We turned up at the dock at 9.30am and found that the lady taking us out grew up in Maryland, near Mike. She sails around with her husband and two children and they live full-time on their boat so we had a lot to talk about. Our plan was to take out a small sail boat (not hers, a smaller one), to an island on the far side of our peninsula, picnic there and head back. In the meantime, we are supposed to learn as much about sailing as possible. Our first difficulty was to round the peninsula with the tide against us and very little wind. Our second difficulty, once we did get into wind, is that the shape of the land makes it very gusty and changeable. I had the helm (well, sometimes Mike was chatting and I kind of had everything!) and I wasn't super-comfortable with the boat's sudden changes of speed and angle. I remember from sailing on the Med. that conditions were much more even, at least when our friend used to take us out.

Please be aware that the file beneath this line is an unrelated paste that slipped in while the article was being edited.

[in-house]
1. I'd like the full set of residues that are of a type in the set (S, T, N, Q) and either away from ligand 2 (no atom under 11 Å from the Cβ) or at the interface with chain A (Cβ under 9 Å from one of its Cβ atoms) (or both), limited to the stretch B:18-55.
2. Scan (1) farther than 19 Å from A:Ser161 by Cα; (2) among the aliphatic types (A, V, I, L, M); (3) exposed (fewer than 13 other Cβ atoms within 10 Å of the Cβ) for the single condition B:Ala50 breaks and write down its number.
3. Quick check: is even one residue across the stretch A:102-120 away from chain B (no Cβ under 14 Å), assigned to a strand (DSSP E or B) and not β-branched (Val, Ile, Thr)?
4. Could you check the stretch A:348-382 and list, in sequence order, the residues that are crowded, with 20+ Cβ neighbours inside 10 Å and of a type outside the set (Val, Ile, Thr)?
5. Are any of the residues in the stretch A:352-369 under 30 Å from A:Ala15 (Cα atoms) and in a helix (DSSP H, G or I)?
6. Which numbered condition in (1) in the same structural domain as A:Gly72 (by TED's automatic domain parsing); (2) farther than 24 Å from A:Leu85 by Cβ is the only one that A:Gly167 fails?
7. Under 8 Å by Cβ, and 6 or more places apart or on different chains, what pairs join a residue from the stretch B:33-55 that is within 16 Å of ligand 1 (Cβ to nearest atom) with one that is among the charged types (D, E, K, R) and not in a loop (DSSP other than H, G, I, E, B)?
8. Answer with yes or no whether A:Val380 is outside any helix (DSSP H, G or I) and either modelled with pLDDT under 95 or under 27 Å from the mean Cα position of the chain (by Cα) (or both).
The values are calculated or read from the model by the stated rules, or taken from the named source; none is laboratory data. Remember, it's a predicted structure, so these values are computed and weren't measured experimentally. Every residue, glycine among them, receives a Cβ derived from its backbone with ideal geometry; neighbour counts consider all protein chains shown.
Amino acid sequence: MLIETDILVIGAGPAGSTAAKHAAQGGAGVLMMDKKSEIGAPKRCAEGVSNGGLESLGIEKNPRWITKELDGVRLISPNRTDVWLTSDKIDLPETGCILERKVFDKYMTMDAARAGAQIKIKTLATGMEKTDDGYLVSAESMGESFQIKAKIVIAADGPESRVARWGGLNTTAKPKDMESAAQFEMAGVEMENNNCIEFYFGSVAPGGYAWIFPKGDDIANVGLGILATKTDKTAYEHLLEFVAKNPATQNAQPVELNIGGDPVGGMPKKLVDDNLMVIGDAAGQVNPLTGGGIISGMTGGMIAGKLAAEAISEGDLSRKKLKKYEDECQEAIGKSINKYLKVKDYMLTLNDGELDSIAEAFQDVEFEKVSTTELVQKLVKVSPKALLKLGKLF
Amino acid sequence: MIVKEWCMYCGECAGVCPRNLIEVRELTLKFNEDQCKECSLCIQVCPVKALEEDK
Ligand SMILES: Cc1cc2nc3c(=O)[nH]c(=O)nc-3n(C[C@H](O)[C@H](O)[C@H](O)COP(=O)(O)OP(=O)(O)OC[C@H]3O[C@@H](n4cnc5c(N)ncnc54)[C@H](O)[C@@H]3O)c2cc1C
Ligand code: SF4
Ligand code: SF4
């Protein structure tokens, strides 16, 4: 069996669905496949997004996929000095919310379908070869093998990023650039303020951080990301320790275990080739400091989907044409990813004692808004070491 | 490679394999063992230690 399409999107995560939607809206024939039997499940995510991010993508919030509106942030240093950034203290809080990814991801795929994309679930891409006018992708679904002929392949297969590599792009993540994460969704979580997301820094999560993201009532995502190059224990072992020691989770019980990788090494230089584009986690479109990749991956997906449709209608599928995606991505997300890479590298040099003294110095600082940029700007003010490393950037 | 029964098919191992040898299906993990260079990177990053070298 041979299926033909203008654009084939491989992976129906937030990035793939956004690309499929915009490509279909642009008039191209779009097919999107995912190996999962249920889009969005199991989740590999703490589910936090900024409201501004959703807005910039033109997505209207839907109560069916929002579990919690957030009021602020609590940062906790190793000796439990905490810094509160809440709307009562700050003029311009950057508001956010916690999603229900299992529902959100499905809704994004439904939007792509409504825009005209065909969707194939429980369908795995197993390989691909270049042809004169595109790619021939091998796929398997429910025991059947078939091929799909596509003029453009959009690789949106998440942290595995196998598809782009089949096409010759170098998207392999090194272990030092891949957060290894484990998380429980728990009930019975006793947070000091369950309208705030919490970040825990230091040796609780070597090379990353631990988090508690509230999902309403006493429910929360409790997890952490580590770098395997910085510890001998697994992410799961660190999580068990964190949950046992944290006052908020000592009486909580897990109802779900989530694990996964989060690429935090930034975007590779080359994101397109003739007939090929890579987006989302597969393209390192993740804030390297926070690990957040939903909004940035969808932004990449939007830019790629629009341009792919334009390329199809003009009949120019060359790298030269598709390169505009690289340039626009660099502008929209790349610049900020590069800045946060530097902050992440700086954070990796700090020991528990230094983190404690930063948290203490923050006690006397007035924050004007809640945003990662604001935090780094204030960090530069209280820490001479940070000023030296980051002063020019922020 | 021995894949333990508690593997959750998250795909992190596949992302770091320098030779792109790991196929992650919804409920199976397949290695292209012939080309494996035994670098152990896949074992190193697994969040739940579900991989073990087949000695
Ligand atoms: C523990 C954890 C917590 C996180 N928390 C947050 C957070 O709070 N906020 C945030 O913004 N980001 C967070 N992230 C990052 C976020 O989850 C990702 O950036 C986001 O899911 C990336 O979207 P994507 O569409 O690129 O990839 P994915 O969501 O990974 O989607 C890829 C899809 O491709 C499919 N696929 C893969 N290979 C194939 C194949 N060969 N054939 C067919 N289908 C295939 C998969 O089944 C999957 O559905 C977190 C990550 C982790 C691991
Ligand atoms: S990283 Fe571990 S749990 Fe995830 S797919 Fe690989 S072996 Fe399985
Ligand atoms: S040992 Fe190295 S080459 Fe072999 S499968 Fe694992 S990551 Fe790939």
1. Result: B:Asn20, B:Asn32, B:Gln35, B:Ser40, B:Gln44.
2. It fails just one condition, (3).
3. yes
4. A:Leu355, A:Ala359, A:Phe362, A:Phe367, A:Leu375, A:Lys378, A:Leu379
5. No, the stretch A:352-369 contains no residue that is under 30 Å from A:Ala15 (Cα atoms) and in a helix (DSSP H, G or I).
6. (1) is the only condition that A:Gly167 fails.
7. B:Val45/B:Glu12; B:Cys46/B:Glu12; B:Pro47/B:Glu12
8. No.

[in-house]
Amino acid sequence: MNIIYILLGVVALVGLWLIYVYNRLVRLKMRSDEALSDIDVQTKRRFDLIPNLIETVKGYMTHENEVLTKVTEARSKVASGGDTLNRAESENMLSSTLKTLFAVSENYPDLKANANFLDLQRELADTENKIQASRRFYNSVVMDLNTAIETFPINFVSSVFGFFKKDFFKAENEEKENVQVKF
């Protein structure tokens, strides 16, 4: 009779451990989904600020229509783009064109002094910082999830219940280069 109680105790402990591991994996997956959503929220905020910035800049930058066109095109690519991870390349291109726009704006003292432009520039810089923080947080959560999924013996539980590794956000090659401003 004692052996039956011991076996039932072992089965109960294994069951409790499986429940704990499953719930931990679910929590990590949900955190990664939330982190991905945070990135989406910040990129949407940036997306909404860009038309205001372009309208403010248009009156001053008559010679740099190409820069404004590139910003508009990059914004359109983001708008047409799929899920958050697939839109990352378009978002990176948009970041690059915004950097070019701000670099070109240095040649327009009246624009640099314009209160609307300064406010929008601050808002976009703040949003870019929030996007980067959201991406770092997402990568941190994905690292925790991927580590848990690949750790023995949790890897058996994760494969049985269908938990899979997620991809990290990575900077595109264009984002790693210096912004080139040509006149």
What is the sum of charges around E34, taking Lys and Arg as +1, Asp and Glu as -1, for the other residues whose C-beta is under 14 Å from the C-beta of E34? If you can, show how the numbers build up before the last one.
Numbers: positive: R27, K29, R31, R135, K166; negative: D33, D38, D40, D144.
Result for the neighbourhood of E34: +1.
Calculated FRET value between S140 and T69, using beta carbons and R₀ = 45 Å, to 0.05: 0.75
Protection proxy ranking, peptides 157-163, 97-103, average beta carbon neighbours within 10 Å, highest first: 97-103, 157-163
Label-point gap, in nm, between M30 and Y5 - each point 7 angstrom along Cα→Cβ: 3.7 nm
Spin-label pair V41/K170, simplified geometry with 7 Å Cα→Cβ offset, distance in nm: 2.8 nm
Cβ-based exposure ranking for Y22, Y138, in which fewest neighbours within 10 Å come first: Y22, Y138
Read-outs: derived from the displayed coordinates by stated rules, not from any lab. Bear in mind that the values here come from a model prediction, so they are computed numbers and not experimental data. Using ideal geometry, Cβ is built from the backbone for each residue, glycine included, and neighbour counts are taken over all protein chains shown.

Anyway, we made it to this island and went ashore in a very light plastic row boat that's very nasty to row or get in and out of and which I christened Ocean Detritus, because it didn't have a name, and that one was suitable. After a quick stroll on the island, we started heading back and when we rounded back into the channel between our peninsula and the mainland we found that both the wind and the tide were against us. We tacked and tacked, only to remain where we were. So we brought the sails down and motored back. The lady who took us out was a bit disappointed by this, but it was the only way we were getting back before 7pm. She had a race at 5pm, Antonia and I were exhausted by now, and Mike's steering at the helm had become, let's just say 'exciting'!